It's likely therefore that Cardiff were able to make a persuasive case that an order permitting further use of the documents was appropriate given the regulatory framework. It may also have been influential that Iain Moody mayhave had to hand over the documents to the FA anyway.
The release into the public domain
What this does not explain, however, is the cascade of embarrassing quotations into the press, which presumably would not have been an alternative use of the documents authorised by court order.
But ultimately this may not matter. Whilst the general position under the FA's Disciplinary Regulations is that evidence and submissions used in disciplinary proceedings shall be kept confidential, the FA reserves the power to publish anything and everything connected with the proceedings, including evidence, whether or not it reflects badly on a participant's character or conduct. Furthermore, the Regulations provide that Mackay shall be deemed to have consented to such publication, and so loses the right to complain.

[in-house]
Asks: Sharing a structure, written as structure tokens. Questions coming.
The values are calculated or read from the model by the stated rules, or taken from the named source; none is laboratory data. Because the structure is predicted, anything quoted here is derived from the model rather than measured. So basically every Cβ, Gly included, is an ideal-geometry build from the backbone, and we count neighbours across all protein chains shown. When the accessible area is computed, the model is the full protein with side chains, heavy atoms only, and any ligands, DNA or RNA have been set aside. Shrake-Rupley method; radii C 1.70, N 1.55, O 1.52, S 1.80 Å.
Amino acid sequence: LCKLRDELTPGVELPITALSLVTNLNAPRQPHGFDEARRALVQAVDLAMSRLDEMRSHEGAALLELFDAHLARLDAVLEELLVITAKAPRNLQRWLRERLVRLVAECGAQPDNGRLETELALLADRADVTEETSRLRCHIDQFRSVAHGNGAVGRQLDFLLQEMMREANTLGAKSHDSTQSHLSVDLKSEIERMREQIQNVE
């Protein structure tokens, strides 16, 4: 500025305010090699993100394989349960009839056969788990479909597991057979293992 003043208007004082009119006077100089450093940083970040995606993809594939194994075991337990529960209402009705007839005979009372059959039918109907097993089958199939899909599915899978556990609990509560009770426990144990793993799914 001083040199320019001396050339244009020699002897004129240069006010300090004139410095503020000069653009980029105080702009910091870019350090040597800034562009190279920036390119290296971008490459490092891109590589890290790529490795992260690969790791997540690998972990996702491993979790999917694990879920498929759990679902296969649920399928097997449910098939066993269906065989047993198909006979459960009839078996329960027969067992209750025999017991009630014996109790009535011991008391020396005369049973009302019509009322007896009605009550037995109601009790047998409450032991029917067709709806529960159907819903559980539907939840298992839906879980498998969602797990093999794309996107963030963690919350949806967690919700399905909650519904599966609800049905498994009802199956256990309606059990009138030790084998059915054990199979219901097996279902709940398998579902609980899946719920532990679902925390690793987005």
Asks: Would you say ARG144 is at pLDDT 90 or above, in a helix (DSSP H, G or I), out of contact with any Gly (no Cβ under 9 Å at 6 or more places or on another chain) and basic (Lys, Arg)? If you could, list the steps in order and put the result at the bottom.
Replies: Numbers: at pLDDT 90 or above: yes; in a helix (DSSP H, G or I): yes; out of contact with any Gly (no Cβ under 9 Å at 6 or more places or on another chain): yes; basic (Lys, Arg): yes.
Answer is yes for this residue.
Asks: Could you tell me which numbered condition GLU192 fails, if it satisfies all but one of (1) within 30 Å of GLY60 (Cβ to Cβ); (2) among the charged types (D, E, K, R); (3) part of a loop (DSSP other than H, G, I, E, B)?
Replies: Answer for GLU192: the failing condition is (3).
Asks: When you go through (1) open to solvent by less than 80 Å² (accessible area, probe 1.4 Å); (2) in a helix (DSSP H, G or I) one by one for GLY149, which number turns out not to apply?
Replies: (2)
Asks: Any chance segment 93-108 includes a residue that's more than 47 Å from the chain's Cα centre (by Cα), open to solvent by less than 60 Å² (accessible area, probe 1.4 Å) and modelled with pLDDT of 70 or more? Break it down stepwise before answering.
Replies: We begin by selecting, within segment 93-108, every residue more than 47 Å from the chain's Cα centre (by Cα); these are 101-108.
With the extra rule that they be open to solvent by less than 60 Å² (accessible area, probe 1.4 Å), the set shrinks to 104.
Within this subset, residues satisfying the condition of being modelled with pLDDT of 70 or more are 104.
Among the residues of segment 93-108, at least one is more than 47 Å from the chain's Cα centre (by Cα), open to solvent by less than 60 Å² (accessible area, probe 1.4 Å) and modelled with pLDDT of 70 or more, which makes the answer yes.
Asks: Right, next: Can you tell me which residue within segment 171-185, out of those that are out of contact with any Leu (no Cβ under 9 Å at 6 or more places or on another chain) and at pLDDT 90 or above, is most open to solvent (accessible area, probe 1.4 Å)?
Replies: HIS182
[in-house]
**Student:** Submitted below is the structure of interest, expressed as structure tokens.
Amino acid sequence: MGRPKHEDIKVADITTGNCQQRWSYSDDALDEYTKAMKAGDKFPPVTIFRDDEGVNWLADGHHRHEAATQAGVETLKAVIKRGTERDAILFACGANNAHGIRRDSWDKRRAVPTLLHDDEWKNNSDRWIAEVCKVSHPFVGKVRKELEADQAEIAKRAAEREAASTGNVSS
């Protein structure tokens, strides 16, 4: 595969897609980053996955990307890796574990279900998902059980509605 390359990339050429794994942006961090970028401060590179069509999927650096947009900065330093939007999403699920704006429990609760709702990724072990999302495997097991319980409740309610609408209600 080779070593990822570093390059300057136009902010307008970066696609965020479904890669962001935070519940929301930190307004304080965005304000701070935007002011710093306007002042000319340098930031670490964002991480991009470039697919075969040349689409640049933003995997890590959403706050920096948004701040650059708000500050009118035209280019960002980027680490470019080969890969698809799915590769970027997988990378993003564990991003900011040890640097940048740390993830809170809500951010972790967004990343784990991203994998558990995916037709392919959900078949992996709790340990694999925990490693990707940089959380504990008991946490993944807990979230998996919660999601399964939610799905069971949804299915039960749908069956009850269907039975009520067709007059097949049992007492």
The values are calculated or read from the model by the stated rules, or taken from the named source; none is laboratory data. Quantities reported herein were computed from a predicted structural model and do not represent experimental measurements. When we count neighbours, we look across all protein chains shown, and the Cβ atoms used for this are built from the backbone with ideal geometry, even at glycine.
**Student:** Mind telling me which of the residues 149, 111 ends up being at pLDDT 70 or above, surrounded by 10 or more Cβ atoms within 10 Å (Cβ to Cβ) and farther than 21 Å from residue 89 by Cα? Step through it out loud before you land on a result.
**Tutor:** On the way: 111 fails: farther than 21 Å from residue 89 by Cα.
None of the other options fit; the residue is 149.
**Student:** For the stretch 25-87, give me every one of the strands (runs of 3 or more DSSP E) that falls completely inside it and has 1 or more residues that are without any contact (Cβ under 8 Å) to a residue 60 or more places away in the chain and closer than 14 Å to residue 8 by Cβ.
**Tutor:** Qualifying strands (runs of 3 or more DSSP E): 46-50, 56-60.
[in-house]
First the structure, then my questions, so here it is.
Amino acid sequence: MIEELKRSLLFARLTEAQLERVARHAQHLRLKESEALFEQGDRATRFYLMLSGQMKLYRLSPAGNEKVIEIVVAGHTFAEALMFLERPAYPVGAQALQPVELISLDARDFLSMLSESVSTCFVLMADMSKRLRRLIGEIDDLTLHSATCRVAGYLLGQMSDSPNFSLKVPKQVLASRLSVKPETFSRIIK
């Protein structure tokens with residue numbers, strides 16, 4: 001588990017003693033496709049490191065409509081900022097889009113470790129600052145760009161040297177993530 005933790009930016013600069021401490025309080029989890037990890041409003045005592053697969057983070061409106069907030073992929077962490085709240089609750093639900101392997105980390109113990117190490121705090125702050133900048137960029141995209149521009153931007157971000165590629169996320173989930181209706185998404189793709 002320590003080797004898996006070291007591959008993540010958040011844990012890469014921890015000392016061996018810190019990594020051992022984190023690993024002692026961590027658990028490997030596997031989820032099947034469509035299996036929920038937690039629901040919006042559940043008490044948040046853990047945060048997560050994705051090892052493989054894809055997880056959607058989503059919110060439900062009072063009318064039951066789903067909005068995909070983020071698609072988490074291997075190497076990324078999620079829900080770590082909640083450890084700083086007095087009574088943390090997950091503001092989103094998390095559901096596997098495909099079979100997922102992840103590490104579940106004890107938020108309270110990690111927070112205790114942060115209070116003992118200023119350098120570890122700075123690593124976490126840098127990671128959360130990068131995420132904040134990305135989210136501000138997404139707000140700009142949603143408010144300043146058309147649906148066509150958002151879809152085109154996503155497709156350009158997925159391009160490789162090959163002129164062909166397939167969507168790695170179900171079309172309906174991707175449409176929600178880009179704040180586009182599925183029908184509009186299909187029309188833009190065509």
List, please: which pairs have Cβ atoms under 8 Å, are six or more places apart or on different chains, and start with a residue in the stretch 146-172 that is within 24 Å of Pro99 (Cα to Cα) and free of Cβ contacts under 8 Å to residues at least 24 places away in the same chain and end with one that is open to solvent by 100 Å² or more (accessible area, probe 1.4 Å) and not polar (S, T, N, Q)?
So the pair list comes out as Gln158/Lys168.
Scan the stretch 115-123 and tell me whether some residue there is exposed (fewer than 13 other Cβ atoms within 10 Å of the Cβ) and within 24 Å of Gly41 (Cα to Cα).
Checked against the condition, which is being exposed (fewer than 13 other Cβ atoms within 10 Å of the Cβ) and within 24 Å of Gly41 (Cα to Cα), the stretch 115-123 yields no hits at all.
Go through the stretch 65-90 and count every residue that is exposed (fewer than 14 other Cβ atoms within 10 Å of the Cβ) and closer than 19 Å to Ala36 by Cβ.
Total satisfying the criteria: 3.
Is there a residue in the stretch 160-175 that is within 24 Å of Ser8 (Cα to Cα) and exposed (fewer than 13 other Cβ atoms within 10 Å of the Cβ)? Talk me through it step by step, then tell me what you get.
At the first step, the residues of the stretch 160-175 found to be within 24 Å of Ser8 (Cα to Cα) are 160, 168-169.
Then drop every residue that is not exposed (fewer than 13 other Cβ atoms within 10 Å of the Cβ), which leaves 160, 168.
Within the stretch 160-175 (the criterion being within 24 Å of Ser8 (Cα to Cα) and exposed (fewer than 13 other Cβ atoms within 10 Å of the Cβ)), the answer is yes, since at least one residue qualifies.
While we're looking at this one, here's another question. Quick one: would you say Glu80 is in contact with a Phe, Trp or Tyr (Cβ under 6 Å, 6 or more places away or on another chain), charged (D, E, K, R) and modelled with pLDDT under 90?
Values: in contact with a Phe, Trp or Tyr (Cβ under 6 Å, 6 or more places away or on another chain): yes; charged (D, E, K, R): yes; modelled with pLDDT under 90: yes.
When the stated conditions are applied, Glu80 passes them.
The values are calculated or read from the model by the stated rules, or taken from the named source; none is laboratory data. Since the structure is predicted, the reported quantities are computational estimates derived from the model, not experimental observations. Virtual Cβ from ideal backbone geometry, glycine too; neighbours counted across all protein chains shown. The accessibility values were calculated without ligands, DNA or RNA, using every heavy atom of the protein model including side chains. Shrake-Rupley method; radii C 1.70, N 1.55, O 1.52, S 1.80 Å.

Now that the investigation has commenced, it seems that Mackay will have almost no control over the dissemination of this material.
Mackay has already seen Crystal Palace withdraw its job offer. His employability and reputation has been severely damaged. He has offered an unreserved public apology for the content of the discriminatory texts, describing his behaviour as "totally unacceptable".
We await with interest the outcome of the FA's investigation, and in particular whether in the face of mounting pressure they will deviate from the line taken in the Richard Scudamore case, in which they decided to take no action on the basis that:
"…The FA does not as a matter of policy consider private communications sent with a legitimate expectation of privacy to amount to professional misconduct. The FA has applied this policy on an ongoing basis and in relation to numerous other cases…"
It also seems likely that despite having reached some form of settlement in May 2014 the investigation into Mackay's transfer dealings will rumble on and provide further material for the press and legal briefings.